From a contemporary perspective, the phrase “clash of civilizations” was popularized by the British-American Orientalist Bernard Lewis in an article for the Atlantic Monthly published in 1990. Lewis argued that Islamic militancy is reinvigorating an ancient rivalry between Islam and the “Judeo-Christian heritage” of the “West.” Harvard professor Samuel P. Huntington took up the concept and theorized it in two separate publications. First, in an article for Foreign Affairs, the flagship journal of the Council on Foreign Relations in the United States, and second, in a book titled The Clash of Civilizations and the Remaking of World Order, he advanced his thesis with historical references. Lewis and Huntington wrote within the context of the demise of the Soviet Union and the end of the Cold War. They were addressing these changes in world politics and they argued against euphoric proclamations of an impending “end of history” that writers such as Francis Fukuyama suggested. According to Huntington, the end of the Cold War would not yield peace. Rather, the new world order would facilitate cultural conflict on a global scale, especially between the West, on the one side, and Islam and Confucian civilization, on the other. This conflict will be primarily determined not by ideological or economic factors, but rather by cultural divisions between those civilizations. Since publication of the theory, the clash of civilizations has been refuted in terms of both historical evidence and methodological merit by a range of scholars from different academic disciplines. Nonetheless, the debate is far from closed. The following article takes into account the increasing importance of the Internet for scholarly research and presents a selection of useful web pages that focus on the clash of civilizations or on closely related issues.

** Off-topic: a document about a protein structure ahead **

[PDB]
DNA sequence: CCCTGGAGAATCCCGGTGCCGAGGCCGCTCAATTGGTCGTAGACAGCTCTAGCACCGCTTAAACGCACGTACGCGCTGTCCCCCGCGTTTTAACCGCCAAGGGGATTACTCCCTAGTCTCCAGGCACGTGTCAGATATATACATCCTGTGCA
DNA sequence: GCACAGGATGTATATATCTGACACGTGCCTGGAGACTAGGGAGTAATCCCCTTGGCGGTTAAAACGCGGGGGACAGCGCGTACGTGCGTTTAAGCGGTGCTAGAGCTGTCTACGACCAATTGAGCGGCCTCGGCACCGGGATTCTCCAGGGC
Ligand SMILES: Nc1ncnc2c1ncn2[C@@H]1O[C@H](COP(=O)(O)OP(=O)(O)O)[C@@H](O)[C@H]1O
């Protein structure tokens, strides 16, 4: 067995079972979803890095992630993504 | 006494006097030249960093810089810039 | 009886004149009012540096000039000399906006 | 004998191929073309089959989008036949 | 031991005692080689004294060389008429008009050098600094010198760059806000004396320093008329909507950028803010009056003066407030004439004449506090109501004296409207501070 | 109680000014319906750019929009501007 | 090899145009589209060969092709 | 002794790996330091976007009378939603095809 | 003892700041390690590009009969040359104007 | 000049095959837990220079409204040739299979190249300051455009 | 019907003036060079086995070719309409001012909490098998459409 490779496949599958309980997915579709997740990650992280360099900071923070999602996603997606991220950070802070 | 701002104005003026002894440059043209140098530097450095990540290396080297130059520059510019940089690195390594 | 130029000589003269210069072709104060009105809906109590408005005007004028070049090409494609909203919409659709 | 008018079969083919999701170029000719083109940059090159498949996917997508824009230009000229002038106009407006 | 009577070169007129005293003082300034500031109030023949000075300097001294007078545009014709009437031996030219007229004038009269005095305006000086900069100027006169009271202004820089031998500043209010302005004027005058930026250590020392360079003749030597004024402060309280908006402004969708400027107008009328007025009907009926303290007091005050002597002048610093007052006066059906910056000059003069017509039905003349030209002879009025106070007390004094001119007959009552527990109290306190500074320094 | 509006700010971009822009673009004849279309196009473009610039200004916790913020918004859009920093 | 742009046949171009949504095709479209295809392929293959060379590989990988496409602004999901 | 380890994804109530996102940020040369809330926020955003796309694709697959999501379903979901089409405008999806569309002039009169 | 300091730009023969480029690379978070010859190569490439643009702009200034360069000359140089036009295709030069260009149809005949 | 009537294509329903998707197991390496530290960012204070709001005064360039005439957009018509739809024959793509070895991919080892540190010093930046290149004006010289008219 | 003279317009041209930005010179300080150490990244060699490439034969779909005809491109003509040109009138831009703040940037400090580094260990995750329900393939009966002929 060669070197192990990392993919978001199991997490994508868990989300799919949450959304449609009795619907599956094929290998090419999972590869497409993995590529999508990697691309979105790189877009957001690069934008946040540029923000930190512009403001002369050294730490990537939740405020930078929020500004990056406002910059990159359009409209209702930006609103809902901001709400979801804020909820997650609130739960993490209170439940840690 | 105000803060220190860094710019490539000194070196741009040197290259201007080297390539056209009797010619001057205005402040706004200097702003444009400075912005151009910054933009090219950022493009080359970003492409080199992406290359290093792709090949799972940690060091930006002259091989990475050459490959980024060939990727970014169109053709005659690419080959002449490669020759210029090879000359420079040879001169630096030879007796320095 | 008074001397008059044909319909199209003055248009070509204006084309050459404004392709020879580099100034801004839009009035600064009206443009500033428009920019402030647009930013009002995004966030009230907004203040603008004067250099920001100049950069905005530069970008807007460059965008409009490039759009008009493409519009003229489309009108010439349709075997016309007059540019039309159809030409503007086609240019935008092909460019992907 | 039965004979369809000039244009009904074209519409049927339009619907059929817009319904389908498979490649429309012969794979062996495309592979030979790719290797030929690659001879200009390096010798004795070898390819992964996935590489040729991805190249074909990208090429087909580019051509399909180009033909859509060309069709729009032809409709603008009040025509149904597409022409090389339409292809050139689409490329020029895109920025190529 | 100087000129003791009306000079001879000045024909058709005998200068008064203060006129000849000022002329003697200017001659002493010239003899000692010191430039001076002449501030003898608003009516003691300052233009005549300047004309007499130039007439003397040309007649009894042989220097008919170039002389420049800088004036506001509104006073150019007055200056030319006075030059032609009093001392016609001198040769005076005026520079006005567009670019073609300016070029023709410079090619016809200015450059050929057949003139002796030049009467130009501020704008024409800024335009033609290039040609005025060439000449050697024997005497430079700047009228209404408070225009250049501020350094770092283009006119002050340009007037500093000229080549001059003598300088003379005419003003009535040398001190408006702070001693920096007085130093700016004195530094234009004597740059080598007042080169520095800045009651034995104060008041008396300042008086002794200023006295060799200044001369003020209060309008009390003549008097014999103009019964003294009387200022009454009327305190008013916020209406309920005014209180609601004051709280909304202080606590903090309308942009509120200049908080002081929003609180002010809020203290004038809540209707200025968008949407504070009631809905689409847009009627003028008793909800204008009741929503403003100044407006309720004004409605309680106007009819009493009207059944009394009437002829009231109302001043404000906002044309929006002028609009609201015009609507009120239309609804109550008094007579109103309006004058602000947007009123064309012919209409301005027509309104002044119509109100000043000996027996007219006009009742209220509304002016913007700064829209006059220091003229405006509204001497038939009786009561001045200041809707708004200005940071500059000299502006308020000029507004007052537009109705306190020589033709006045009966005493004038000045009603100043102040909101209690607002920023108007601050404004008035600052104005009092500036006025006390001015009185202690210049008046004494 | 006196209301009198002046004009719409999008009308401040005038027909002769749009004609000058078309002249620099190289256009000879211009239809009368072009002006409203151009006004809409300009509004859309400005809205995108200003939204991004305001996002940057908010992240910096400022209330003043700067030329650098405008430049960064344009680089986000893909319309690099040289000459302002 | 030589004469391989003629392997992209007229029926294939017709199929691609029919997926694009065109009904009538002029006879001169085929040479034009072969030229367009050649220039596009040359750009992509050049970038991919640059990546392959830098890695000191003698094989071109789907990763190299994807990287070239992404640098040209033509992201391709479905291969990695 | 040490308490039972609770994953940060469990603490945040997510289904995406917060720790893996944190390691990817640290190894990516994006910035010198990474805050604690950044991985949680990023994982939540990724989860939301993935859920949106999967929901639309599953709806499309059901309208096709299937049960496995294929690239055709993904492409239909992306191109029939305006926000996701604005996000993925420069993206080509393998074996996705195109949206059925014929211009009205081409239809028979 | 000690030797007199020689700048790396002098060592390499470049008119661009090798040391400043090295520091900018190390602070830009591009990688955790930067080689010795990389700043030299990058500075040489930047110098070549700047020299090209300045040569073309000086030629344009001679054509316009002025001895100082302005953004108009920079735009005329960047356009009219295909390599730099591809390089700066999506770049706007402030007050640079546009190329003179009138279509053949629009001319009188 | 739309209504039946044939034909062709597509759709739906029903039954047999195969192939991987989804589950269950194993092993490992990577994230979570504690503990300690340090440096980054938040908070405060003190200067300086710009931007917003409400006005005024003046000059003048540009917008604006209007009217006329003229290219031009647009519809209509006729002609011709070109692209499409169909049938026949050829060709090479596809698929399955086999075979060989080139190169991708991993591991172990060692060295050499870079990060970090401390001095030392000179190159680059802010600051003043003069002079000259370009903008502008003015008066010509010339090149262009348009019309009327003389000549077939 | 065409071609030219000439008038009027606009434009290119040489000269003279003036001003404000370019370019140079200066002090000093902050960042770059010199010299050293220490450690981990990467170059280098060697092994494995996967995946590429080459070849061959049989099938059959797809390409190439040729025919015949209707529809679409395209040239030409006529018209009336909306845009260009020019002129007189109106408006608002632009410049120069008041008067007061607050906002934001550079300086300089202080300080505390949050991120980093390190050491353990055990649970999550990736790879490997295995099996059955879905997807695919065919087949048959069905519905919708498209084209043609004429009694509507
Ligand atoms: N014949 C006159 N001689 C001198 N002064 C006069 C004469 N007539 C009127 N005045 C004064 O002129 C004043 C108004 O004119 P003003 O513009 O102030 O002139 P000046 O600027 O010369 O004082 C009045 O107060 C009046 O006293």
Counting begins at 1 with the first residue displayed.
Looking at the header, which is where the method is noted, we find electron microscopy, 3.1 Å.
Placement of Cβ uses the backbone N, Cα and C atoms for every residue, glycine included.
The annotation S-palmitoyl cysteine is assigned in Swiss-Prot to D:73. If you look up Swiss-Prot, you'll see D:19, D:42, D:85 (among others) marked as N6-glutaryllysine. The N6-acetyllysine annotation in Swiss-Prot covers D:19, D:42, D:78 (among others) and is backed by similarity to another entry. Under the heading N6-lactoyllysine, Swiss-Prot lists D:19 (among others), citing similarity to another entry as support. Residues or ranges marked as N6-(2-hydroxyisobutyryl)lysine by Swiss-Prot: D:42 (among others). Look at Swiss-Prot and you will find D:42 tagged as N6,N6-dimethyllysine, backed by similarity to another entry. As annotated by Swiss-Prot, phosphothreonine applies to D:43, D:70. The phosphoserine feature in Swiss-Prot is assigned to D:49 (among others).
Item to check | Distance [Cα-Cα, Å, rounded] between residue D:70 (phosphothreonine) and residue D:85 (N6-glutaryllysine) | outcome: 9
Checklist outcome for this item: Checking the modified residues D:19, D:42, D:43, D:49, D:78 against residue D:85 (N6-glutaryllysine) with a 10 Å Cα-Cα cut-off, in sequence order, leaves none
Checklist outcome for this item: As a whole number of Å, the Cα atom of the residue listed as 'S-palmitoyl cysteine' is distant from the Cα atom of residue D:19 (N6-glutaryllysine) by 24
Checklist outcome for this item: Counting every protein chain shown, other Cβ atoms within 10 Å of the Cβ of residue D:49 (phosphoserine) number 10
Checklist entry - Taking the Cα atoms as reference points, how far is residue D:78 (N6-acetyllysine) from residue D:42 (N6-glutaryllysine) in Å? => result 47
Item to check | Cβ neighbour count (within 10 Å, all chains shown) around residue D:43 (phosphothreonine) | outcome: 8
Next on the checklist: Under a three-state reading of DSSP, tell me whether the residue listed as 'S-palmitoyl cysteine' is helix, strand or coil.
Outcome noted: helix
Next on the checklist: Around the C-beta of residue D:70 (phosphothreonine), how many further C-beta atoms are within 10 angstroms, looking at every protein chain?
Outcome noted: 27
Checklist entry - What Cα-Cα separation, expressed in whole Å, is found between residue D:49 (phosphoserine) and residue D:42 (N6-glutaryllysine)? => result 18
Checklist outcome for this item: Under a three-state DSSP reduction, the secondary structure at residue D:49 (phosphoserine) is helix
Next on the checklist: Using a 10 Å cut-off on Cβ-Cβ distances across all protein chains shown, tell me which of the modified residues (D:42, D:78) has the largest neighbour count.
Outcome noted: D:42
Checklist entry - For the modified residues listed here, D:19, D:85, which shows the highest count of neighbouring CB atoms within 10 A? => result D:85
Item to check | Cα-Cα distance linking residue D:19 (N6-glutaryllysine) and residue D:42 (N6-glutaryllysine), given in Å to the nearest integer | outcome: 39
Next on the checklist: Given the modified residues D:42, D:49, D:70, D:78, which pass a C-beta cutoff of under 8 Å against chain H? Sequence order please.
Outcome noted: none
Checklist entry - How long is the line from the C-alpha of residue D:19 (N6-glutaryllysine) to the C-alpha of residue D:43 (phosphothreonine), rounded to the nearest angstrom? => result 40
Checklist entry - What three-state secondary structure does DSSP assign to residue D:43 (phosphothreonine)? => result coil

To see more see http://www.oxfordbibliographies.com/view/document/obo-9780195390155/obo-9780195390155-0177.xml?rskey=8ThAB5&result=1&q=arshin+adib-moghaddam#firstMatch (you have to have subscription to Oxford Bibliographies)